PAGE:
HIPAA Waiver

What Estate Planning Documents Should I Have for My Child Who’s at College?

Kiplinger’s recent article, “Documents that Parents and College Students Need,” explains that many parental rights are no longer applicable, when a child legally reaches adulthood (age 18 in most states).  That makes having the right estate planning documents for a child who’s at college vitally important.

College students are adults, which means mom and dad are no longer in control of decision making.

However, with a few of the right estate planning documents in place, you can still be involved in your child’s medical and financial affairs. Many parents don’t know that they need these documents. They think they can access a child’s medical and other information, because their son or daughter is still on the family’s insurance plan and the parents are paying the medical and tuition bills.

Here are four documents you and your son or daughter will need.

HIPAA Authorization Form. This is a federal law that protects the privacy of medical records. You child must sign a HIPPA authorization form to let you to receive information from health care providers, such as the college’s health clinic, about their health and treatment. If your son or daughter doesn’t want to share her entire medical record, he or she can set restrictions on what information you can receive.

Medical Power of Attorney. This lets your son or daughter name a person to make medical decisions, if they are incapacitated and unable to make medical decisions. Your child should select both a primary agent and a secondary agent, in the event the first one is unavailable.

Durable Power of Attorney. This lets your son or daughter authorize a person to handle financial or legal matters on his or her behalf. A durable power of attorney is usually written, so it takes effect when a person becomes incapacitated. However, if your child would like you to manage his or her financial accounts or file tax returns while away at school, they can make the document effective immediately.

Family Education Rights and Privacy Act Waiver. Once your child is an adult, you’re no longer entitled to see their grades without express permission. It seems a bit crazy that you can be paying for tuition, but you don’t have access to their academic records. This waiver signed by your child will allow you permission to receive his or her academic record. Many colleges provide this form, or you can find it online.

Once you get these documents, make sure you have ready access to them, if required.

Reference: Kiplinger (September 24, 2019) “Documents that Parents and College Students Need”

Why Do I Need A Will?

You might ask yourself, “Why do I need a will?” After all, writing a will isn’t exactly one of life’s most pleasant tasks. Maybe that is why only 36% of American adults with children under 18 have estate plans in place.

Why do I Need a Will?
Asking yourself “Why do I need a will” is the first step to protecting your assets and your family.

The Boston Globe’s recent article, “The end may not be near, but you still need a will,” says that estate planning is essential, because dying without a will means that certain property is subject to intestate succession laws. That’s where the state distributes your assets to your heirs according to state laws, instead of your wishes.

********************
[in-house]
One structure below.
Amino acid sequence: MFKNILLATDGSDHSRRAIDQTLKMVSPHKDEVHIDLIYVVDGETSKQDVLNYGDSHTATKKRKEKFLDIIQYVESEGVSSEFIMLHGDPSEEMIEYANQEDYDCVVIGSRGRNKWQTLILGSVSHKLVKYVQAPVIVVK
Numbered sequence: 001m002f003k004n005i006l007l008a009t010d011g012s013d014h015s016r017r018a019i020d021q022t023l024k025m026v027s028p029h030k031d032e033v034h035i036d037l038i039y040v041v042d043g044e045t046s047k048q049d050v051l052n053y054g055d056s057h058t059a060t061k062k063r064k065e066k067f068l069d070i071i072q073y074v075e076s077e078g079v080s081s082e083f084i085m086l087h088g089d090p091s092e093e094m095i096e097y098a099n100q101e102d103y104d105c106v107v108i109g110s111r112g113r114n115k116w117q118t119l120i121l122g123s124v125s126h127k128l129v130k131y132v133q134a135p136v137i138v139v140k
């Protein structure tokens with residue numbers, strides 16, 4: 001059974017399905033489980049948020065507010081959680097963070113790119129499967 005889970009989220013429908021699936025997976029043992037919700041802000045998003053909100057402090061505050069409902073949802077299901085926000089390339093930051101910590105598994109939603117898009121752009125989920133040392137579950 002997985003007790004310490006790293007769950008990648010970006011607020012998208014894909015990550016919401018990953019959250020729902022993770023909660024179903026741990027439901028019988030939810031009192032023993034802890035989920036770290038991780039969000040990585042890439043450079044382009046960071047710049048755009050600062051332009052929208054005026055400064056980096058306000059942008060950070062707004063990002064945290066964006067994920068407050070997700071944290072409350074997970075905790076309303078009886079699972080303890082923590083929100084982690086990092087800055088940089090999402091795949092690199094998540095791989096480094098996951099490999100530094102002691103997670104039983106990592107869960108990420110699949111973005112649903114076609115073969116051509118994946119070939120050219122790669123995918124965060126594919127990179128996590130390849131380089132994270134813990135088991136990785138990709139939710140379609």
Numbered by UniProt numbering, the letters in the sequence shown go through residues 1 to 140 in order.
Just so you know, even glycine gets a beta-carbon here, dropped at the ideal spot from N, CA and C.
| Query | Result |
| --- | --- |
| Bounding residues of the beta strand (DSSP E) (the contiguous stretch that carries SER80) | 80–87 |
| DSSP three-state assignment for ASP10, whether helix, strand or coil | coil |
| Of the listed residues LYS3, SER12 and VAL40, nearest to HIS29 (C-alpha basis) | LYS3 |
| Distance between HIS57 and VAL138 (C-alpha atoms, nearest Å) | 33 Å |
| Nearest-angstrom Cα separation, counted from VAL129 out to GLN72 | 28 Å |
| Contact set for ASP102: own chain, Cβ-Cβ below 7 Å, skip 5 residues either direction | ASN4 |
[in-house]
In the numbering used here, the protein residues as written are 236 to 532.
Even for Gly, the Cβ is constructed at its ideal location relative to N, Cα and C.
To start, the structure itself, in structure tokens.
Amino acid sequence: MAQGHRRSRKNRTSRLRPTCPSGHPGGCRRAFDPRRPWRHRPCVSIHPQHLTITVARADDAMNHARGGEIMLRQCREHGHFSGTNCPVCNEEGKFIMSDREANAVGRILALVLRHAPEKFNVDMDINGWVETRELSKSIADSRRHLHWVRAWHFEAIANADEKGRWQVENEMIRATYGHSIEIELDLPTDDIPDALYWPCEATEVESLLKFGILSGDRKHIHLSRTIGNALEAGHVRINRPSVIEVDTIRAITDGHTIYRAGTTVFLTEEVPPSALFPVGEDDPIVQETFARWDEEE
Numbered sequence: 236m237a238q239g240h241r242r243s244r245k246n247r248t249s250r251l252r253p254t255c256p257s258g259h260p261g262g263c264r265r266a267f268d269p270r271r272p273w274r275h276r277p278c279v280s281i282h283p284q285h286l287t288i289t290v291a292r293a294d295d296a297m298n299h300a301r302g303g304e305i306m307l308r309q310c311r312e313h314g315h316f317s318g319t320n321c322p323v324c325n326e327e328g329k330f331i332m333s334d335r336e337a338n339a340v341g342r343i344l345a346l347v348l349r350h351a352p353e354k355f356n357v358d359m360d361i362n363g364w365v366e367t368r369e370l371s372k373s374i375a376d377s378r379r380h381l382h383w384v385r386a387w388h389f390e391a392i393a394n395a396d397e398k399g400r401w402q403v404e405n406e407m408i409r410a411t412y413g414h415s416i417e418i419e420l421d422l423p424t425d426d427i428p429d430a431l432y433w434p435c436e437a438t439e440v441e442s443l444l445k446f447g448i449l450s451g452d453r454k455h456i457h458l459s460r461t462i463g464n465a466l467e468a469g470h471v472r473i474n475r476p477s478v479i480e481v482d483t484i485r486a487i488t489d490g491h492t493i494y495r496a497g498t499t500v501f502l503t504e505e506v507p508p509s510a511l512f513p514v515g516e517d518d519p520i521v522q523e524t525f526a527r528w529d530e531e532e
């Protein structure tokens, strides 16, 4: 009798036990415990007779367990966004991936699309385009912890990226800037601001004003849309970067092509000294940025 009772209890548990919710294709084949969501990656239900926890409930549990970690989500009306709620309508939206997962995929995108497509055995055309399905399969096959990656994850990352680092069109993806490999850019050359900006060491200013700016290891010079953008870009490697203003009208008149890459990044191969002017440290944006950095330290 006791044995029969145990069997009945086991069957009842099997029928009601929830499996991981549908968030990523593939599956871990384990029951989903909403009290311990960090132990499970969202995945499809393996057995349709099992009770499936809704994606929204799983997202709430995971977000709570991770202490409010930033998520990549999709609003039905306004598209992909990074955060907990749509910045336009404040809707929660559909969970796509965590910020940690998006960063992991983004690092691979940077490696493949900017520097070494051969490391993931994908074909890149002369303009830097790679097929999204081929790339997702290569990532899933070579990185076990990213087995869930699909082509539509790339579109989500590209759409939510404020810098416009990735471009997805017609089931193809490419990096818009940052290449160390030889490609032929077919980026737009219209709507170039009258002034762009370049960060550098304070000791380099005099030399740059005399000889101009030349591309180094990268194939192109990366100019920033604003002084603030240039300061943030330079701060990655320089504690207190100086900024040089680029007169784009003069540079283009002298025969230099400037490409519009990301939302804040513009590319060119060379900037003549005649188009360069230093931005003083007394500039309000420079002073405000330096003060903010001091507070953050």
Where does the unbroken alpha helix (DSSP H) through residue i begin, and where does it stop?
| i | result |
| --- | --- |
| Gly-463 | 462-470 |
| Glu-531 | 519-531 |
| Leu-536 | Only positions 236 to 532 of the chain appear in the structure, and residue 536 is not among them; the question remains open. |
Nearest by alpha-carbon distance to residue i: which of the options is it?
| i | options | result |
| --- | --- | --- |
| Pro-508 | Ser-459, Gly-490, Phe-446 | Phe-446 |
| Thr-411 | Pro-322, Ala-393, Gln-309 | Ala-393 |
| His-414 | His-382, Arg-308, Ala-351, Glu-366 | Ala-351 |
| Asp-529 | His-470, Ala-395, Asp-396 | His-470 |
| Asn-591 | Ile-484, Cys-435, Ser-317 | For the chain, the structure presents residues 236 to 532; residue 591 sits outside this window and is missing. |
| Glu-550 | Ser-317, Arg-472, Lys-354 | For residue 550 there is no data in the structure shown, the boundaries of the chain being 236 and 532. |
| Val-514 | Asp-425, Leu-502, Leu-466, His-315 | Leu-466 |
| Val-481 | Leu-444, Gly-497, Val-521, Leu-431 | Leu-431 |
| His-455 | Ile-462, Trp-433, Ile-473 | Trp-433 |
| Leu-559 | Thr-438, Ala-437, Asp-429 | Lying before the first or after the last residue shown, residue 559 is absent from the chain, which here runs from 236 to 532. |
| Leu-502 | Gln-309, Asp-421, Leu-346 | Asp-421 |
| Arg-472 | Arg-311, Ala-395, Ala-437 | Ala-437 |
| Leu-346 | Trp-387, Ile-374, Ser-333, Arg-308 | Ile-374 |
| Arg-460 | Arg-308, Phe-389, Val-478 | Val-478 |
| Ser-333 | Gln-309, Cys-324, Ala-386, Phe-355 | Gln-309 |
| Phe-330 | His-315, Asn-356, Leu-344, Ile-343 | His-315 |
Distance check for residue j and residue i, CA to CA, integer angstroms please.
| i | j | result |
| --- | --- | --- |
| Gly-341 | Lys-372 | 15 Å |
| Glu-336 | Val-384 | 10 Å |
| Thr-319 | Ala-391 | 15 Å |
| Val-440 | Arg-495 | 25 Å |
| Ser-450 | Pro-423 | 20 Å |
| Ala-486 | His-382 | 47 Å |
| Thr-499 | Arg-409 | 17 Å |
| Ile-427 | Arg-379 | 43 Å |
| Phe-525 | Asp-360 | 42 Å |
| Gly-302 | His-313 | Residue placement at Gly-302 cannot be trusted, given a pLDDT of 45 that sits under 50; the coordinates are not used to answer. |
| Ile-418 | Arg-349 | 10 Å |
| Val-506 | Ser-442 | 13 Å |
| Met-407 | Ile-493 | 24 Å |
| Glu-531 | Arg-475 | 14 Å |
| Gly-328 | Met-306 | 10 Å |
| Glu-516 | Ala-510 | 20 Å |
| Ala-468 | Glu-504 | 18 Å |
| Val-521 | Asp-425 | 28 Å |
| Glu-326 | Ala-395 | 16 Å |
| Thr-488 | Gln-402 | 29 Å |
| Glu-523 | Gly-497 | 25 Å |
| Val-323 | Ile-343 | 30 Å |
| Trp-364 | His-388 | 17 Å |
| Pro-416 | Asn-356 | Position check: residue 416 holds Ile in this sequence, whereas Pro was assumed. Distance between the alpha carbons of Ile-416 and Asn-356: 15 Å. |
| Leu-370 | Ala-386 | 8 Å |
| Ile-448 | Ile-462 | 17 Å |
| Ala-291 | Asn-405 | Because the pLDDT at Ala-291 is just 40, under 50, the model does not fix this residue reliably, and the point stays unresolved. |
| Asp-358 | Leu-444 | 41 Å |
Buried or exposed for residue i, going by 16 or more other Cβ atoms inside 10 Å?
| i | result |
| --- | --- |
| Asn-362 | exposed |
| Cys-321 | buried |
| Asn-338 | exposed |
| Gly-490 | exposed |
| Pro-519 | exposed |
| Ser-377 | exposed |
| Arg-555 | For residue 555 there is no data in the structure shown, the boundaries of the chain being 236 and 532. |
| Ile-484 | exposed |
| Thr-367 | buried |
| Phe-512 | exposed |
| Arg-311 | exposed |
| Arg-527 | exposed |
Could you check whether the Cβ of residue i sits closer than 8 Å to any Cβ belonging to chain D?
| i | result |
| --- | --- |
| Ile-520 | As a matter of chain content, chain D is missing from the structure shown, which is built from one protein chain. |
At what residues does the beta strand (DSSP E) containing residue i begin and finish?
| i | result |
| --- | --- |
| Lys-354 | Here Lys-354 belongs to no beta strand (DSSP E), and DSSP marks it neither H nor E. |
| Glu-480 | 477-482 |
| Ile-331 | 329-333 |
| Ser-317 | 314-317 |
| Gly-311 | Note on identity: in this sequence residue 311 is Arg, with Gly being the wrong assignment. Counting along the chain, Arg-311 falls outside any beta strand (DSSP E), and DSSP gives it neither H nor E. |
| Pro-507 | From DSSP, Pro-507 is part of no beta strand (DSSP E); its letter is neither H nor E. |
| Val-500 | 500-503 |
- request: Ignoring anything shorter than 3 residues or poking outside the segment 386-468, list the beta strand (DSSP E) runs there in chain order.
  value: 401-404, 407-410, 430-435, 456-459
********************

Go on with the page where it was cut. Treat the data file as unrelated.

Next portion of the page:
Assets for which you’ve assigned a beneficiary, like your 401(k) or life insurance, won’t meet the same end, because these are outside of probate. However, non-beneficiary accounts, like checking accounts or property, could. Even if you’re not wealthy, it’s important to plan ahead. Consider these thoughts:

  • A will. If you have assets that you want to leave to another person, you need a will. It’s your instructions on what should happen upon your death. You’ll also name an executor or a personal representative who’s responsible for tending to your assets, when you pass away. And a will is the only way you can name a guardian to raise your children is you’re unable to.
  • Beneficiary designations. Some assets don’t pass through a will, like life insurance and retirement plans. For these, you must name a beneficiary.
  • Health care proxies and powers of attorney. An estate planning attorney will help you with healthcare directives, HIPAA forms and durable power of attorney. The power of attorney lets someone else handle your legal and financial matters. The healthcare directive lets a trusted person make decisions about your medical care, when you’re unable to speak for yourself.
  • Guardian for minor children. Select a person who shares your values and parenting style, regardless of their financial background.
  • A living will. A living will is a type of advanced healthcare directive. It states your wishes concerning not wanting life-prolonging medical intervention and allowing you to pass away naturally.

Finally, discuss your plans with your family and make certain that your will and other documents are safely stored and easily accessible. You should also be sure that you’ve given your power of attorney and health care agent copies. Your physicians should also have a copy of your health care proxy and living will, and your attorney should keep a copy on file.

Read more about getting your will and other estate planning documents taken care of and becoming a client of Mastry Law here.

Reference: Boston Globe (February 25, 2019) “The end may not be near, but you still need a will”

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